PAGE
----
Cinda Scott

Hometown:  Lexington, MA

Current Job Title:  Center Director-Tropical Island Biodiversity Studies (TIBS), School for Field Studies, Panama

Work Location:  Bocas del Toro, Panama

Job Description:  As Center Director of the Tropical Island Biodiversity Studies (TIBS) program at the School for Field Studies (SFS), Bocas del Toro, Panama, I oversee all aspects of our program including, operations, student health and safety and academics. I work to ensure that our visiting students have the best experience of their lives while living and studying in Panama. Our program is centered around tropical ecology and has both marine and terrestrial components. Students do hands-on research alongside our outstanding faculty in marine ecology, resource management and environmental policy.

I am thrilled to be working as the Center Director for TIBS, SFS. Everyday there is a new challenge working in the tropics on an island. I never know what is in store for the day, but I meet everyday with optimism and positive energy.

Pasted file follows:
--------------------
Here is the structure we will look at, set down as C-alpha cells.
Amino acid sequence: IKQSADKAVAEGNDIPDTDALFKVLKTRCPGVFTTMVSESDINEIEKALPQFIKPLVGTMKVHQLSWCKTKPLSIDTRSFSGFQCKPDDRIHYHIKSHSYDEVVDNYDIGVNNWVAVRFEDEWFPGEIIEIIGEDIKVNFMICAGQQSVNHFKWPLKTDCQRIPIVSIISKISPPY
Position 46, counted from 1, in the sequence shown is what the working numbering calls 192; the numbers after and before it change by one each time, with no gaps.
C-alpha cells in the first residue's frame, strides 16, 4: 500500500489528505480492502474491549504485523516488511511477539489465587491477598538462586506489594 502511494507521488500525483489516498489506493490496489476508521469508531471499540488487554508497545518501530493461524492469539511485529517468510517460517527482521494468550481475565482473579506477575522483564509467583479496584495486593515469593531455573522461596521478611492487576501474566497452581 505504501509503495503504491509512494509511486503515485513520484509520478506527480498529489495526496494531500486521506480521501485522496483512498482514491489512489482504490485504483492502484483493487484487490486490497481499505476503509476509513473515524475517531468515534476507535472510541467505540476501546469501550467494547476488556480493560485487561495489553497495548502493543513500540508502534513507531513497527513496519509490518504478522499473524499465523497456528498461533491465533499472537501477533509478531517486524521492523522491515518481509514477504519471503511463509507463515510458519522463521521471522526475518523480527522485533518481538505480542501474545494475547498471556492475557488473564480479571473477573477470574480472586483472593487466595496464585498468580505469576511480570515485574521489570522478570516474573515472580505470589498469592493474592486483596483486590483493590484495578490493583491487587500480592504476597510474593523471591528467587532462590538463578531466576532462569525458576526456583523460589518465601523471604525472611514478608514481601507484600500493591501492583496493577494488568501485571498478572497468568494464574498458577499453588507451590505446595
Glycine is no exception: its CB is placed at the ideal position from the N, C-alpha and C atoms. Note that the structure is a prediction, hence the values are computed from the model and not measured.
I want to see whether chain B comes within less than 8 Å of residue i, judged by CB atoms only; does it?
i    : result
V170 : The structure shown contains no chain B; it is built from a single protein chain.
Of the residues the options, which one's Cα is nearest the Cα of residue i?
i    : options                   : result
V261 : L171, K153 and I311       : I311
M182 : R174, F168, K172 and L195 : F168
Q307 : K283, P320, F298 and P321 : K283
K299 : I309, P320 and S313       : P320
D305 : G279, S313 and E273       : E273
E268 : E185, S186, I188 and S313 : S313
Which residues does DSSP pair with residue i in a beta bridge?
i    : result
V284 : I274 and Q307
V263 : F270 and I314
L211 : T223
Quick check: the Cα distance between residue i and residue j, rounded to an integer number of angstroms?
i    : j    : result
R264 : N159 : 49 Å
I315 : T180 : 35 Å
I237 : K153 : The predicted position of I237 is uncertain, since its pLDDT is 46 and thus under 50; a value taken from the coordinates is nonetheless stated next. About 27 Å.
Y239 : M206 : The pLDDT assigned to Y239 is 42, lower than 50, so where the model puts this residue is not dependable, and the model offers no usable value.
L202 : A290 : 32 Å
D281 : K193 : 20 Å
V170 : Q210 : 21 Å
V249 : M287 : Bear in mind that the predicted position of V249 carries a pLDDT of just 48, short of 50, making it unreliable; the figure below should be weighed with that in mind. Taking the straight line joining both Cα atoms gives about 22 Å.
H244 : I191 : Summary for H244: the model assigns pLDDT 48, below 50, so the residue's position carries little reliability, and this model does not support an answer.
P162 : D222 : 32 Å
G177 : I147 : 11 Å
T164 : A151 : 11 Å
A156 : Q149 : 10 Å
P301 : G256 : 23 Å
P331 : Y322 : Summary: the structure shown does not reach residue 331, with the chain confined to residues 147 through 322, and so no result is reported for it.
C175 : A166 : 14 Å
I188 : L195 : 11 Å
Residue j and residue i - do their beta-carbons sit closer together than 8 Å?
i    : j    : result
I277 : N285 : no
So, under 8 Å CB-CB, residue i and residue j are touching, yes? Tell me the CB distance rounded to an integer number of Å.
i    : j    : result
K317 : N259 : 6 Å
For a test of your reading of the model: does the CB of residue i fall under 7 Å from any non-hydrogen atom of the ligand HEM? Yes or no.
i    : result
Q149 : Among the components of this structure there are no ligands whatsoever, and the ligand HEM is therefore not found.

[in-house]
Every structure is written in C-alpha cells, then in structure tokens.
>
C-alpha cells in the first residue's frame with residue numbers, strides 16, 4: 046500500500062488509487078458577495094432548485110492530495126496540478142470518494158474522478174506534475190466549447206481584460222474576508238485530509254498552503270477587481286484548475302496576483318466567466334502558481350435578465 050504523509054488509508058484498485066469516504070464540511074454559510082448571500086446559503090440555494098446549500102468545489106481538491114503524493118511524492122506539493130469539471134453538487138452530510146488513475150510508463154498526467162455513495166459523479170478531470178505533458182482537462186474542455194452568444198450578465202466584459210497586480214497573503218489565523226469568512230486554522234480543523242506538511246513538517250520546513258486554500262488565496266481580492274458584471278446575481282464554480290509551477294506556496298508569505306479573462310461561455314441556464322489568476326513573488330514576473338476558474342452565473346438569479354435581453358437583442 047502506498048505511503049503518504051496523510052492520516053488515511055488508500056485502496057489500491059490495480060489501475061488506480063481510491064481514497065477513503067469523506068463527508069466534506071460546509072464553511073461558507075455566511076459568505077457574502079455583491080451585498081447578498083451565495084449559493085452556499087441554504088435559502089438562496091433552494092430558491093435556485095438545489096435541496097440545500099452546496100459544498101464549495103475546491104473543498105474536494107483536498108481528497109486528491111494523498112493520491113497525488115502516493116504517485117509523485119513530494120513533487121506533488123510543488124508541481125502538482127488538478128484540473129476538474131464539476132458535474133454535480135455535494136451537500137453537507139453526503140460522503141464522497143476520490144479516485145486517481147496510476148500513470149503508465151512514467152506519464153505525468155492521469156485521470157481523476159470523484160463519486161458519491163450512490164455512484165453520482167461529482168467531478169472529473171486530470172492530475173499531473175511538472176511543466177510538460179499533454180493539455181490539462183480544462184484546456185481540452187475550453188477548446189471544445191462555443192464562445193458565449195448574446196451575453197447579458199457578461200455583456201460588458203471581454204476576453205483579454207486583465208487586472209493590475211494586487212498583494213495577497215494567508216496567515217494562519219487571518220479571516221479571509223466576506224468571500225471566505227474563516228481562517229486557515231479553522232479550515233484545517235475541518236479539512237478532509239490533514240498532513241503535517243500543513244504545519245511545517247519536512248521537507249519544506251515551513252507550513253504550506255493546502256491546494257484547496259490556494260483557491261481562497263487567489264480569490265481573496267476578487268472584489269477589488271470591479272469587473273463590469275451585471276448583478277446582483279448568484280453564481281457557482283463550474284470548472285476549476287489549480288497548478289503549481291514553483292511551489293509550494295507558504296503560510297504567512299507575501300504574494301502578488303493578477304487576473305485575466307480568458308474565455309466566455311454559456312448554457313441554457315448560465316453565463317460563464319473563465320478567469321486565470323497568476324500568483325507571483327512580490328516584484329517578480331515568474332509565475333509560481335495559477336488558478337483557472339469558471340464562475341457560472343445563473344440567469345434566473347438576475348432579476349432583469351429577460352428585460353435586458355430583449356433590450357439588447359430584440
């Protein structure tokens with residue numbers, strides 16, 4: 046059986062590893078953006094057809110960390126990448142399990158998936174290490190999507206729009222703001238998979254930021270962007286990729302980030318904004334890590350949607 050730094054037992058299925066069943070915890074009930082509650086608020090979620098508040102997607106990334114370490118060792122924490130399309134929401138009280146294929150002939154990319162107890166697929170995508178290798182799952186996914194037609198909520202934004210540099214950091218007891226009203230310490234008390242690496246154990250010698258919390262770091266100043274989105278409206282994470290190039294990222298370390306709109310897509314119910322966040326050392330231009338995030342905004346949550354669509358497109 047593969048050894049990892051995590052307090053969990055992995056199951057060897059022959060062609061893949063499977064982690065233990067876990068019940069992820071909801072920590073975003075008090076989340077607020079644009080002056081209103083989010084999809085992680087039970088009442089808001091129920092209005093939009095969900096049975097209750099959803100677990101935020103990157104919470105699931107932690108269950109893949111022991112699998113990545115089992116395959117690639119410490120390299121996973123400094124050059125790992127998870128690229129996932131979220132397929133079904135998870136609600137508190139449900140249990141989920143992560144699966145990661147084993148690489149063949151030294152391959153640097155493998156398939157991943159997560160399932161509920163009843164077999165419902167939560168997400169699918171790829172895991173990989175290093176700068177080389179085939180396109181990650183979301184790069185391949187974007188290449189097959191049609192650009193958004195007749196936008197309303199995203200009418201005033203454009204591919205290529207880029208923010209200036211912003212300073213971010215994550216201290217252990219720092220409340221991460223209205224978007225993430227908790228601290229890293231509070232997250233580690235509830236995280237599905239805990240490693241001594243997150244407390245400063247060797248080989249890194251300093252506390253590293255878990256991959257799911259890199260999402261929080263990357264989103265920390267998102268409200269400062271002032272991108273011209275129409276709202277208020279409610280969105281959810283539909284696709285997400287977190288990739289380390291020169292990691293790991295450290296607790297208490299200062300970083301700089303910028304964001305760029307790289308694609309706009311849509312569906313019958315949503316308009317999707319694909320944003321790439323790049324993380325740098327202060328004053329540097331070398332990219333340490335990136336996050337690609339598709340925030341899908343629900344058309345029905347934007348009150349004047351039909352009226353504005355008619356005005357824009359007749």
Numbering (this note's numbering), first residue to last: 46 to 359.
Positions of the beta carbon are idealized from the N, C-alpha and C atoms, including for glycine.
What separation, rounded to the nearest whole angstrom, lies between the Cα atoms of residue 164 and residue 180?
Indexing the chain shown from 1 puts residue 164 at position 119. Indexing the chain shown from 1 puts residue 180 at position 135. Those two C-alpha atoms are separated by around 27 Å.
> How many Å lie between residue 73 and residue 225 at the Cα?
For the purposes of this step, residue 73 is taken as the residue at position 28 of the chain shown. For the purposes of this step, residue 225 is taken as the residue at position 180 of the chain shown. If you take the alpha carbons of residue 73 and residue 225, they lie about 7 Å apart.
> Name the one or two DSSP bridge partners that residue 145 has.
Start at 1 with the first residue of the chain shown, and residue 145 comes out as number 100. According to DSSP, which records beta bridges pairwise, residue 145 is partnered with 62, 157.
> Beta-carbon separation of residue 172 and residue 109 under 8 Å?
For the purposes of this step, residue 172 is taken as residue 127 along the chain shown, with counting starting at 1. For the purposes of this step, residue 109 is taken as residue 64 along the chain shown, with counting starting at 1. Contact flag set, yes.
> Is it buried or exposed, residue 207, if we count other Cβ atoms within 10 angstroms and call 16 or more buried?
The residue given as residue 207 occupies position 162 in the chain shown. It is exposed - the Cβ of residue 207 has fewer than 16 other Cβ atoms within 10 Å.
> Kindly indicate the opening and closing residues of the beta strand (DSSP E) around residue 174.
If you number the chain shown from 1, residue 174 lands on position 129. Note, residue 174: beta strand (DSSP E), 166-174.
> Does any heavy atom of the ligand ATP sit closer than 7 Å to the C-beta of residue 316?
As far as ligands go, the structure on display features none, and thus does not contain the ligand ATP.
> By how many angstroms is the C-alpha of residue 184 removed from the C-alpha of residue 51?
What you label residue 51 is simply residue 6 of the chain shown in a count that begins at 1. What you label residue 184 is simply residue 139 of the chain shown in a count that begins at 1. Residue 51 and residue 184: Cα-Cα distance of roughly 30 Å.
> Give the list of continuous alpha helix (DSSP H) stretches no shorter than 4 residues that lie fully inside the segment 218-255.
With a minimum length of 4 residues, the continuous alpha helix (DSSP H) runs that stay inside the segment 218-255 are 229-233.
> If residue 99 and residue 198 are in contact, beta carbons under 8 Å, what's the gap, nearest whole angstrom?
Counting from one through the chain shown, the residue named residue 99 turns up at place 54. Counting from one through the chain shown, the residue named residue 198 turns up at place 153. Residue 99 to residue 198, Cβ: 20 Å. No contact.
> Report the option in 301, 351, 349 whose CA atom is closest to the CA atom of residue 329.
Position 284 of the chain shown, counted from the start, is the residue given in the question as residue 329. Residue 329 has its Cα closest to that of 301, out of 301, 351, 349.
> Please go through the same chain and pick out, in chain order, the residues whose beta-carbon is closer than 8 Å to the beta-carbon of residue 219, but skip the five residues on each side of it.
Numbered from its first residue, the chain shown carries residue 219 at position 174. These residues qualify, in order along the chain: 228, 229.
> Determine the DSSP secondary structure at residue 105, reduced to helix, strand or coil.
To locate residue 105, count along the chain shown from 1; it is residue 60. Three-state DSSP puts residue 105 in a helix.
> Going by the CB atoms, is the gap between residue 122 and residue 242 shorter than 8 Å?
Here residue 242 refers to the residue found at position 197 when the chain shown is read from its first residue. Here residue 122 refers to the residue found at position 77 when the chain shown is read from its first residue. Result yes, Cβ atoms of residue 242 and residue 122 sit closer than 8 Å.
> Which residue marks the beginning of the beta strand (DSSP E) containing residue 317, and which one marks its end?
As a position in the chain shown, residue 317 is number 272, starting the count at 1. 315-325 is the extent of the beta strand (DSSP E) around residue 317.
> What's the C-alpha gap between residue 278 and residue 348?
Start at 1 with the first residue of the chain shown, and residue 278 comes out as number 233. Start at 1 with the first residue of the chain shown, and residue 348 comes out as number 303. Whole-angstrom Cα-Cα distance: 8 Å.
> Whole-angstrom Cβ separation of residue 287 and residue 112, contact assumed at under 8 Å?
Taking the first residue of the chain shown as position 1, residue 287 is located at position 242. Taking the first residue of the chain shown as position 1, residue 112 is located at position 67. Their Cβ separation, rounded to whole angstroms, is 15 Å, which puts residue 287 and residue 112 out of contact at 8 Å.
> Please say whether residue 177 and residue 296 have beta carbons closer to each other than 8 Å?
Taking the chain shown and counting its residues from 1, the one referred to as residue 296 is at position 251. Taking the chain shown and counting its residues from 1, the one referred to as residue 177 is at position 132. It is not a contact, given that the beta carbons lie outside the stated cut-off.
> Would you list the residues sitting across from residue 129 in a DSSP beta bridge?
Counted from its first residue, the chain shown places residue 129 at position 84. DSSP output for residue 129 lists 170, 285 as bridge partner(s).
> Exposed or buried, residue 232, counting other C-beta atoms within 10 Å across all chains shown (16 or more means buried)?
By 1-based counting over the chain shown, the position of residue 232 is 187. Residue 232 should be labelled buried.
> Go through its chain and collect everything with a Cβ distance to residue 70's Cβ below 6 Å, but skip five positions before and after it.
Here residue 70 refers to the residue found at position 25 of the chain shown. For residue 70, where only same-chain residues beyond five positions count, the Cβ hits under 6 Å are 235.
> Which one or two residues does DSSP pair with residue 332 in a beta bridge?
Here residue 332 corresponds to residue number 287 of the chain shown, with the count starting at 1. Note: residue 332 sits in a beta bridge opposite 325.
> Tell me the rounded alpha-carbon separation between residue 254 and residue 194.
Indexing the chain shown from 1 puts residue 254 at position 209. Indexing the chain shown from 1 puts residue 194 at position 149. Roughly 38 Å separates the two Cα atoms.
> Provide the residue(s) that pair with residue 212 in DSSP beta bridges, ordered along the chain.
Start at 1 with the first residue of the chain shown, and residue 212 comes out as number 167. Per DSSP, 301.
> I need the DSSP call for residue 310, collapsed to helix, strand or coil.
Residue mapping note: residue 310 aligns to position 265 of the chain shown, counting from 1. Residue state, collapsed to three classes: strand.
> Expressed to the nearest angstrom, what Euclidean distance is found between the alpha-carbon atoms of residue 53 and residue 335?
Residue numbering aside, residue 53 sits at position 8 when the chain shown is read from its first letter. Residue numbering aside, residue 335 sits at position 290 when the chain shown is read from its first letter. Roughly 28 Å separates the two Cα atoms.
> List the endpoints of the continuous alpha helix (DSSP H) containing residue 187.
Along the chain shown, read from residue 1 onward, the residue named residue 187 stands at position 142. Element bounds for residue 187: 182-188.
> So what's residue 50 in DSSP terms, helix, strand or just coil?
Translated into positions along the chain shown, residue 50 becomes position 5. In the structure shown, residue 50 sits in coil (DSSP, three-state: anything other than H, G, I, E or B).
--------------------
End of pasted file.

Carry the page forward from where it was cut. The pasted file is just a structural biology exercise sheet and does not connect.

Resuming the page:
Company, Academic Institution, Government Agency or Non-profit affiliation: The School for Field Studies, TIBS, Panama

Highest Degree Level Achieved: and Area of Study: I received my Ph.D. in Marine Biology and Fisheries with a focus in Marine Molecular Evolutionary Genomics in May, 2009 from the Rosenstiel School of Marine and Atmospheric Studies (RSMAS) at the University of Miami, FL. The focus of my research was on the heritability of the variation in gene expression in Fundulus heteroclitus. The purpose of my research was to better understand whether or not patterns of gene expression are passed down from one generation to the next in an effort to understand the degree to which our environment plays a role in genetics.

What do you love most about your career?